Professional v. Amateur: My Spin

Recent posts by Brooks Simpson, Eric Wittenberg, and J. David Petruzzi have got me thinking about this distinction between professional and amateur historians.  I may be wrong about this, but the Civil War may be the only sub-field of historical studies where this is an issue.  Three posts on this topic in a week suggests that something is in the air.  I actually don’t have much to say, but I wanted to take this opportunity to address both Eric’s question of another advanced degree and the above-mentioned distinction.  First, I agree entirely with Brooks’s carving of the terrain:

If there’s a meaningful difference, it is between academic historians (those housed in research or teaching institutions) and non-academic historians, and that difference is understood in part by how these people are funded, paid, and rewarded.

If the distinction does any work at all it is in allowing us to make practical distinctions rather than generalizations about the quality of the work produced by those on either side.  I’ve always considered myself to be an amateur/non-academic historian and a professional teacher.  I am first and foremost a high school history teacher.  I am paid and rewarded in this capacity and it provides me with a great deal of what goes into my own understanding of self.  I can imagine giving up my writing and research, but find it almost impossible to imagine myself outside the field of education.

I decided to pursue an M.A. degree in history at the University of Richmond in 2002 after I failed to gain entrance into a well-regarded PhD program.   My ego was a bit bruised and I am even willing to admit that it was over the superficial issue of having the “PhD” next to my name.  At that point I had already published a few book reviews in the Washington Times and North and South magazine along with a lengthy article in a local historical society journal.  Once I came out of my self-induced funk, however, I realized that the issue was not the rank but the additional opportunity that an advanced degree might offer me in terms of interaction and publishing.  I pursued the M.A. degree to get to a certain place where I could interact with people who share my specific interests and who actively pursue answers to specific questions that I care about.  If it turned out that an M.A. was not sufficient for my needs I might have gone back and taken the plunge.  As it turned out the M.A has allowed me to function in a way that I find rewarding on an intellectual level.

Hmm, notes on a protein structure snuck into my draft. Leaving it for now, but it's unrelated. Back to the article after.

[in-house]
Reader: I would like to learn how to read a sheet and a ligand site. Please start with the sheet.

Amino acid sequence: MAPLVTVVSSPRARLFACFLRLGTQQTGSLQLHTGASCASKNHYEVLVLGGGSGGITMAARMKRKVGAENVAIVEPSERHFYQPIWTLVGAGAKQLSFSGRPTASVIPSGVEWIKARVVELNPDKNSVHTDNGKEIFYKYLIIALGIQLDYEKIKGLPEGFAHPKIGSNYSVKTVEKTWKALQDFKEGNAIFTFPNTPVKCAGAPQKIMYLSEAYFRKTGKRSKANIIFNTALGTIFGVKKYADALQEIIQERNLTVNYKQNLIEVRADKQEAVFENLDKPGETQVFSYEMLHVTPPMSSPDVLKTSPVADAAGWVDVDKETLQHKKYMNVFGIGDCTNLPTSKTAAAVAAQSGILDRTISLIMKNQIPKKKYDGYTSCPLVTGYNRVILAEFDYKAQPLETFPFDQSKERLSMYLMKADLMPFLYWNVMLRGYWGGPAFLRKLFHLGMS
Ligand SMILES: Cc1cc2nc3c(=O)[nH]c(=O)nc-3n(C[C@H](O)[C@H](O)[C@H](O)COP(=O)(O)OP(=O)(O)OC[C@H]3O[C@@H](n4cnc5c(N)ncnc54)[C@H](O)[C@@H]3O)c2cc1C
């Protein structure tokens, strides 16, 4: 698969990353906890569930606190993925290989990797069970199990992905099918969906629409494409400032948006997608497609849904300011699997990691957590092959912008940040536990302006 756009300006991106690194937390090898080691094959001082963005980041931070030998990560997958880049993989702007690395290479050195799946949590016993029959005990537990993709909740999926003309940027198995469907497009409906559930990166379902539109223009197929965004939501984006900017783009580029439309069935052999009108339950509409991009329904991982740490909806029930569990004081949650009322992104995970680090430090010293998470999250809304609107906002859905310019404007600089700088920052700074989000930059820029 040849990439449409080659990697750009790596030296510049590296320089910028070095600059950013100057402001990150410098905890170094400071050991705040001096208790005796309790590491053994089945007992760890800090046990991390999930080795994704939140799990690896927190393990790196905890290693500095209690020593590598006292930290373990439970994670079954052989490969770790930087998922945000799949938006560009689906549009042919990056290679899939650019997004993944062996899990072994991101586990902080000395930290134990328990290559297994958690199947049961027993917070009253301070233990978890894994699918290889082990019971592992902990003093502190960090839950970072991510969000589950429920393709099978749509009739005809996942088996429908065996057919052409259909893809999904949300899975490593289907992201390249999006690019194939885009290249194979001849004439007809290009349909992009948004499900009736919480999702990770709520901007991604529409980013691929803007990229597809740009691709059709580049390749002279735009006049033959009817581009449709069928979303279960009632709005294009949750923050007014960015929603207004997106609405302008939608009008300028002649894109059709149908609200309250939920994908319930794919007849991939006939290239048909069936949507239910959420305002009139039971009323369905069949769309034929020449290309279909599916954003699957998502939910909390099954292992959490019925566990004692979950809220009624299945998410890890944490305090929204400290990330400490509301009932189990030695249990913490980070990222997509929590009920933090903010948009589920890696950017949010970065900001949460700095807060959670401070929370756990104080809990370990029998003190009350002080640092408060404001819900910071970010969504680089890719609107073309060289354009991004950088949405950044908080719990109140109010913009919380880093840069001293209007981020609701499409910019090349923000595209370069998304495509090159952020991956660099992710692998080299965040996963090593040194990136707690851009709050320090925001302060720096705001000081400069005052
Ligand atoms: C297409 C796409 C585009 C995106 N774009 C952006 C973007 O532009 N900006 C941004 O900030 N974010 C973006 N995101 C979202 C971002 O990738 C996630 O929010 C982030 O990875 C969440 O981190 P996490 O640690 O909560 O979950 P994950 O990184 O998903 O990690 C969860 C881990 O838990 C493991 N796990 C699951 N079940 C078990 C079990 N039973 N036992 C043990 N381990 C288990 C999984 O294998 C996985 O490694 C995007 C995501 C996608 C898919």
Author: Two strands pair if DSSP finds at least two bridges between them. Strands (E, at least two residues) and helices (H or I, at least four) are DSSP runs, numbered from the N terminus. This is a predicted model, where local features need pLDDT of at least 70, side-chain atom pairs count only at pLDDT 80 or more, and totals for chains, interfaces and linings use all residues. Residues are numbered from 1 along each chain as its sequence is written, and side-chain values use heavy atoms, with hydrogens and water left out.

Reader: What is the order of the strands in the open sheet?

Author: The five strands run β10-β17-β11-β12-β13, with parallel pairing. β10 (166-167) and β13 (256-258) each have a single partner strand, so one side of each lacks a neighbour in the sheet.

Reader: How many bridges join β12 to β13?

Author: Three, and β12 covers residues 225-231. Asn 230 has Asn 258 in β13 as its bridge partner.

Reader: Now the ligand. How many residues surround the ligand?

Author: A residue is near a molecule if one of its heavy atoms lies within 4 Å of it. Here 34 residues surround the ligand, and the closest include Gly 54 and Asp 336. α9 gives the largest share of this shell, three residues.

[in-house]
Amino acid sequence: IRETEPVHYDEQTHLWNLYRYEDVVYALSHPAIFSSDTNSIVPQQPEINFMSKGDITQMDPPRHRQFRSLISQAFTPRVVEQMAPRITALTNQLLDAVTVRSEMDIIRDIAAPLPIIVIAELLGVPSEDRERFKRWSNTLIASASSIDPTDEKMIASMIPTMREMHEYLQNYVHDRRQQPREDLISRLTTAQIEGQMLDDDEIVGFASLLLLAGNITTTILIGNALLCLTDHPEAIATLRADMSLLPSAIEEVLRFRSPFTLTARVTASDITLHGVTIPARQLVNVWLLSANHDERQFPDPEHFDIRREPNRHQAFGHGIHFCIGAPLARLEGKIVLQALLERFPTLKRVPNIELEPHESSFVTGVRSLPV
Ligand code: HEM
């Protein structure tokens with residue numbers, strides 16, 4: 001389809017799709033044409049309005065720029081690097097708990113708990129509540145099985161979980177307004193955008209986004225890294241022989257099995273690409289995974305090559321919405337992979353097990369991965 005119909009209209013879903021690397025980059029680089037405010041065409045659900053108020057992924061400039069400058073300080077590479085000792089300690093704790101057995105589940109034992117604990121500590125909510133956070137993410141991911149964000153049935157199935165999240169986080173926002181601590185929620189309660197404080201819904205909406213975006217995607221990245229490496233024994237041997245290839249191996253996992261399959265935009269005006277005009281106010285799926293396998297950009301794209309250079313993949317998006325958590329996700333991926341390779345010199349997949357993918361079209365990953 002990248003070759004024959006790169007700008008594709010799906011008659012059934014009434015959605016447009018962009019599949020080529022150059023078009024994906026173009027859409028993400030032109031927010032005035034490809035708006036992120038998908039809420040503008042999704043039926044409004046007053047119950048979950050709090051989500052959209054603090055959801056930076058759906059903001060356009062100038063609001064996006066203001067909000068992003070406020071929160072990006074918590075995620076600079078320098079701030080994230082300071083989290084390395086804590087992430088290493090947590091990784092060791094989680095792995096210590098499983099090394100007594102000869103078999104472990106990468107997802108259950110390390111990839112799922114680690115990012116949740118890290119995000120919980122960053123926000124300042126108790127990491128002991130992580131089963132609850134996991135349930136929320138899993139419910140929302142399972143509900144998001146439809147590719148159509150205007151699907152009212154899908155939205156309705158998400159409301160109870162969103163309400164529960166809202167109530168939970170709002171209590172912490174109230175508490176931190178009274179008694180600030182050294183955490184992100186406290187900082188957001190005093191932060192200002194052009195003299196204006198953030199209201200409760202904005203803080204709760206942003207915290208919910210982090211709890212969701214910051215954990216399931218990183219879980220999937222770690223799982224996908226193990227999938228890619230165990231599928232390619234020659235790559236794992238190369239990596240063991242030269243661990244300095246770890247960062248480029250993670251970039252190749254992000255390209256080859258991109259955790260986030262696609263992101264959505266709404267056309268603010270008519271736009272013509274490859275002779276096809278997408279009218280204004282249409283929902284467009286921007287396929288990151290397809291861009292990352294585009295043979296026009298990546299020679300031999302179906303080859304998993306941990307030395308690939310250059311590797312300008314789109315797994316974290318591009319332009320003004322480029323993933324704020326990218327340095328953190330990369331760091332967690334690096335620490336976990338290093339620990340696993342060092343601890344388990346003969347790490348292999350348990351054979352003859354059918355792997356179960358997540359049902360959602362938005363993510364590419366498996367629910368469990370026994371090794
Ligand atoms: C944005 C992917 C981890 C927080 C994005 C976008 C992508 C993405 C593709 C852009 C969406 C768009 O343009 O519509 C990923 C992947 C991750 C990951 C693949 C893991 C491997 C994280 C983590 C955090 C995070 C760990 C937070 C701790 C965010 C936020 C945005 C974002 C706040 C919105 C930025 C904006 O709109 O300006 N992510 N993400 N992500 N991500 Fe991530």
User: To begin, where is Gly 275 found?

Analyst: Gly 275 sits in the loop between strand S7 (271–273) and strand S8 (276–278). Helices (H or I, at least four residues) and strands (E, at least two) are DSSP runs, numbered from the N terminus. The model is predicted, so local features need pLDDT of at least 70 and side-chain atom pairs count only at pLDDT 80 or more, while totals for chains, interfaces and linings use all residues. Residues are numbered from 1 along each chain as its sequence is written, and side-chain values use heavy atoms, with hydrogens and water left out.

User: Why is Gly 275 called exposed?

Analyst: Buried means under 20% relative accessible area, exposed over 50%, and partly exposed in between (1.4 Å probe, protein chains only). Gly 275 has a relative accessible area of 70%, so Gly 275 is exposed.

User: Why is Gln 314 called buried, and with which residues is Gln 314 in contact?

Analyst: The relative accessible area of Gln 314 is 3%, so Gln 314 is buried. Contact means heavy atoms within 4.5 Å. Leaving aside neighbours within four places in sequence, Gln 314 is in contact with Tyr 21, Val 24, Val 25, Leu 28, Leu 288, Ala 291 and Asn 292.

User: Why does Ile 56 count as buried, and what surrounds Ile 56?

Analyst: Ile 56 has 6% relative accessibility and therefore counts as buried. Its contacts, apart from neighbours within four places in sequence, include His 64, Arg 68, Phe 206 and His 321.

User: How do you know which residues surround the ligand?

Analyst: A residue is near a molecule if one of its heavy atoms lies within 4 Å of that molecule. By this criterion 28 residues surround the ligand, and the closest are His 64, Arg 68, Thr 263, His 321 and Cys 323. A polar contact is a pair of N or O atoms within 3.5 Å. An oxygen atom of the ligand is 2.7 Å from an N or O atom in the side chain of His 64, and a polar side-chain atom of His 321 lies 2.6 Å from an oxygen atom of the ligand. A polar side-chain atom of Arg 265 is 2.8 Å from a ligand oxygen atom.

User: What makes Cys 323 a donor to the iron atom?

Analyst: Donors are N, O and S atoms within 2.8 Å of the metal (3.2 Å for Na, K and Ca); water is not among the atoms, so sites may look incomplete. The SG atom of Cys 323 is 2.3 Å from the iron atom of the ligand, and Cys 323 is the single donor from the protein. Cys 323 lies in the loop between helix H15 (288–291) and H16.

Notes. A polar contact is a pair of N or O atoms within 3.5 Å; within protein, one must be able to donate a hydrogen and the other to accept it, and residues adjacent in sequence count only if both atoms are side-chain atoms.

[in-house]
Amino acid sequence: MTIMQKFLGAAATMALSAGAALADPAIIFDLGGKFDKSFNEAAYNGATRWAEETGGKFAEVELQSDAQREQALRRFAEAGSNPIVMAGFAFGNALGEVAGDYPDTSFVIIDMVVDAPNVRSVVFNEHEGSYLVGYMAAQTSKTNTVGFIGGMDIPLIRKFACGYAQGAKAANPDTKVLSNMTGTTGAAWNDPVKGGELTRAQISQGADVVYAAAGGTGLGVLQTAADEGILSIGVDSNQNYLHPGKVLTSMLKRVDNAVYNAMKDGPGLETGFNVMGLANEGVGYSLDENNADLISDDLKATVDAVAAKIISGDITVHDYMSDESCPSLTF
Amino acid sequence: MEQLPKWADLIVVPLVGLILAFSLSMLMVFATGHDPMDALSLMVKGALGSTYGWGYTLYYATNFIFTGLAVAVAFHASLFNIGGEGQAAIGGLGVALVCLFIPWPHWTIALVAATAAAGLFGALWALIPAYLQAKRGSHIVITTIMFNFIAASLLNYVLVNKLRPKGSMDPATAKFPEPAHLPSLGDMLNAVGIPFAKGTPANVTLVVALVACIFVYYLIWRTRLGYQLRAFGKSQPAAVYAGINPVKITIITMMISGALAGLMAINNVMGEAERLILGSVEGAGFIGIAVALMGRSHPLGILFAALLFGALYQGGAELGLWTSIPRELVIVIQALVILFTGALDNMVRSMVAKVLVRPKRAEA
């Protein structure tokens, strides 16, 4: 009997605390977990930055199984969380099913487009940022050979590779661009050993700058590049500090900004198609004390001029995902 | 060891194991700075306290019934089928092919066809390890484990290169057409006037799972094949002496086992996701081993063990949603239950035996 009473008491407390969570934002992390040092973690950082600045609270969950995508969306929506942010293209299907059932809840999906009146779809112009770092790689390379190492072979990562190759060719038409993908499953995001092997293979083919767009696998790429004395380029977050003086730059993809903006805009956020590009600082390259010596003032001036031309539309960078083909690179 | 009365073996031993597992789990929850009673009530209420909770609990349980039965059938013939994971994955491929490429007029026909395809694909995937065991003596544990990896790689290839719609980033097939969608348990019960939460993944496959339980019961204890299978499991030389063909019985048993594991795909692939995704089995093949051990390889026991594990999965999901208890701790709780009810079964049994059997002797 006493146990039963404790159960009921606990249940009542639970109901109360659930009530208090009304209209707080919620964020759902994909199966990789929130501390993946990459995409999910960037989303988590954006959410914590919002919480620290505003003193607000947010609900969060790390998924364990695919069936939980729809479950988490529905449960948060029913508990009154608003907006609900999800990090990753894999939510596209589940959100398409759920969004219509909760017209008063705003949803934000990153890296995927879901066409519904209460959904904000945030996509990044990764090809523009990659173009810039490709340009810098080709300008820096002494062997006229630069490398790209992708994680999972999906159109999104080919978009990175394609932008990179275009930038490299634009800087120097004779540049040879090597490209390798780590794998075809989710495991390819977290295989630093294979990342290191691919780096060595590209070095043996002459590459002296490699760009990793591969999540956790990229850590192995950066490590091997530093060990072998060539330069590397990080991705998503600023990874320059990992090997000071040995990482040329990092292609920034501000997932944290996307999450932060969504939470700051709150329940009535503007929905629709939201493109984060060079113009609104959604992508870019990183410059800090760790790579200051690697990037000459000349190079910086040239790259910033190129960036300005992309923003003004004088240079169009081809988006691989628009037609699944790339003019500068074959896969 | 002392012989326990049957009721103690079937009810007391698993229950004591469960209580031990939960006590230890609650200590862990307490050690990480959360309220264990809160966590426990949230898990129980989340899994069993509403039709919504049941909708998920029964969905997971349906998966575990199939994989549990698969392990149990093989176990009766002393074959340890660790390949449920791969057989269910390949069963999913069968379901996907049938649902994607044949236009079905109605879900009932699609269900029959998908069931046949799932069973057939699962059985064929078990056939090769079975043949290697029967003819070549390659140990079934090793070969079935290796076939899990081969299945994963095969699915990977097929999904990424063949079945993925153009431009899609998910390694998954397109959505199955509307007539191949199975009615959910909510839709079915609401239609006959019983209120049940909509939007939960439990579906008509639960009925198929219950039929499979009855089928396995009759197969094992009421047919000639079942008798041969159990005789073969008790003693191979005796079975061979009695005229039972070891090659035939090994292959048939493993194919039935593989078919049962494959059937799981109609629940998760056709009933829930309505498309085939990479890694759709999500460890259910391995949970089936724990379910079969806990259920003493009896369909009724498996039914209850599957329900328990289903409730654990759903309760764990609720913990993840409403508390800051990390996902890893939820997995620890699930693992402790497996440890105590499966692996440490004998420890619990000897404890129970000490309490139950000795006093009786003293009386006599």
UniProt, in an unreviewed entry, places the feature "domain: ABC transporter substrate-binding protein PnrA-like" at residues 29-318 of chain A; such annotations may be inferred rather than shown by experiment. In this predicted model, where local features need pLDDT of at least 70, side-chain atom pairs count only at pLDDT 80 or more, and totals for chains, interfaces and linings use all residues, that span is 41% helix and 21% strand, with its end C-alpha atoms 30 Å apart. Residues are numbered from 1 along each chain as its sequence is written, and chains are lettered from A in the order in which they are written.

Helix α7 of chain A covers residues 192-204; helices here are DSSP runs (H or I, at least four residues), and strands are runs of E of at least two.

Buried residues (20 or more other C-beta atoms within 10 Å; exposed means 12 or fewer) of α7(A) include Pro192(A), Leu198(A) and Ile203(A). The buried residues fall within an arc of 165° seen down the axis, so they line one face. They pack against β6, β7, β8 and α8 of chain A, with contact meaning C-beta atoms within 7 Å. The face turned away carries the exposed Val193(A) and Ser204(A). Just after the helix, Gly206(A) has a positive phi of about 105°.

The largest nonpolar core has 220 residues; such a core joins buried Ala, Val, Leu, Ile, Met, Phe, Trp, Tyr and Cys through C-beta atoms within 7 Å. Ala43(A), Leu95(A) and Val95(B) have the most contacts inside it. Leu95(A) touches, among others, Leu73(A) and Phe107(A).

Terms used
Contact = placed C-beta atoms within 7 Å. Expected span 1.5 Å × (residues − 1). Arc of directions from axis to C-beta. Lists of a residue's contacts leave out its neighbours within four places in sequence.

Whether my friends and other acquaintances that I’ve come into contact with through publishing and conferences consider me to be an academic/amateur or professional historian doesn’t matter much to me at all.  I too hope that my published work stands or falls on the merits of the research and the quality of the argument.

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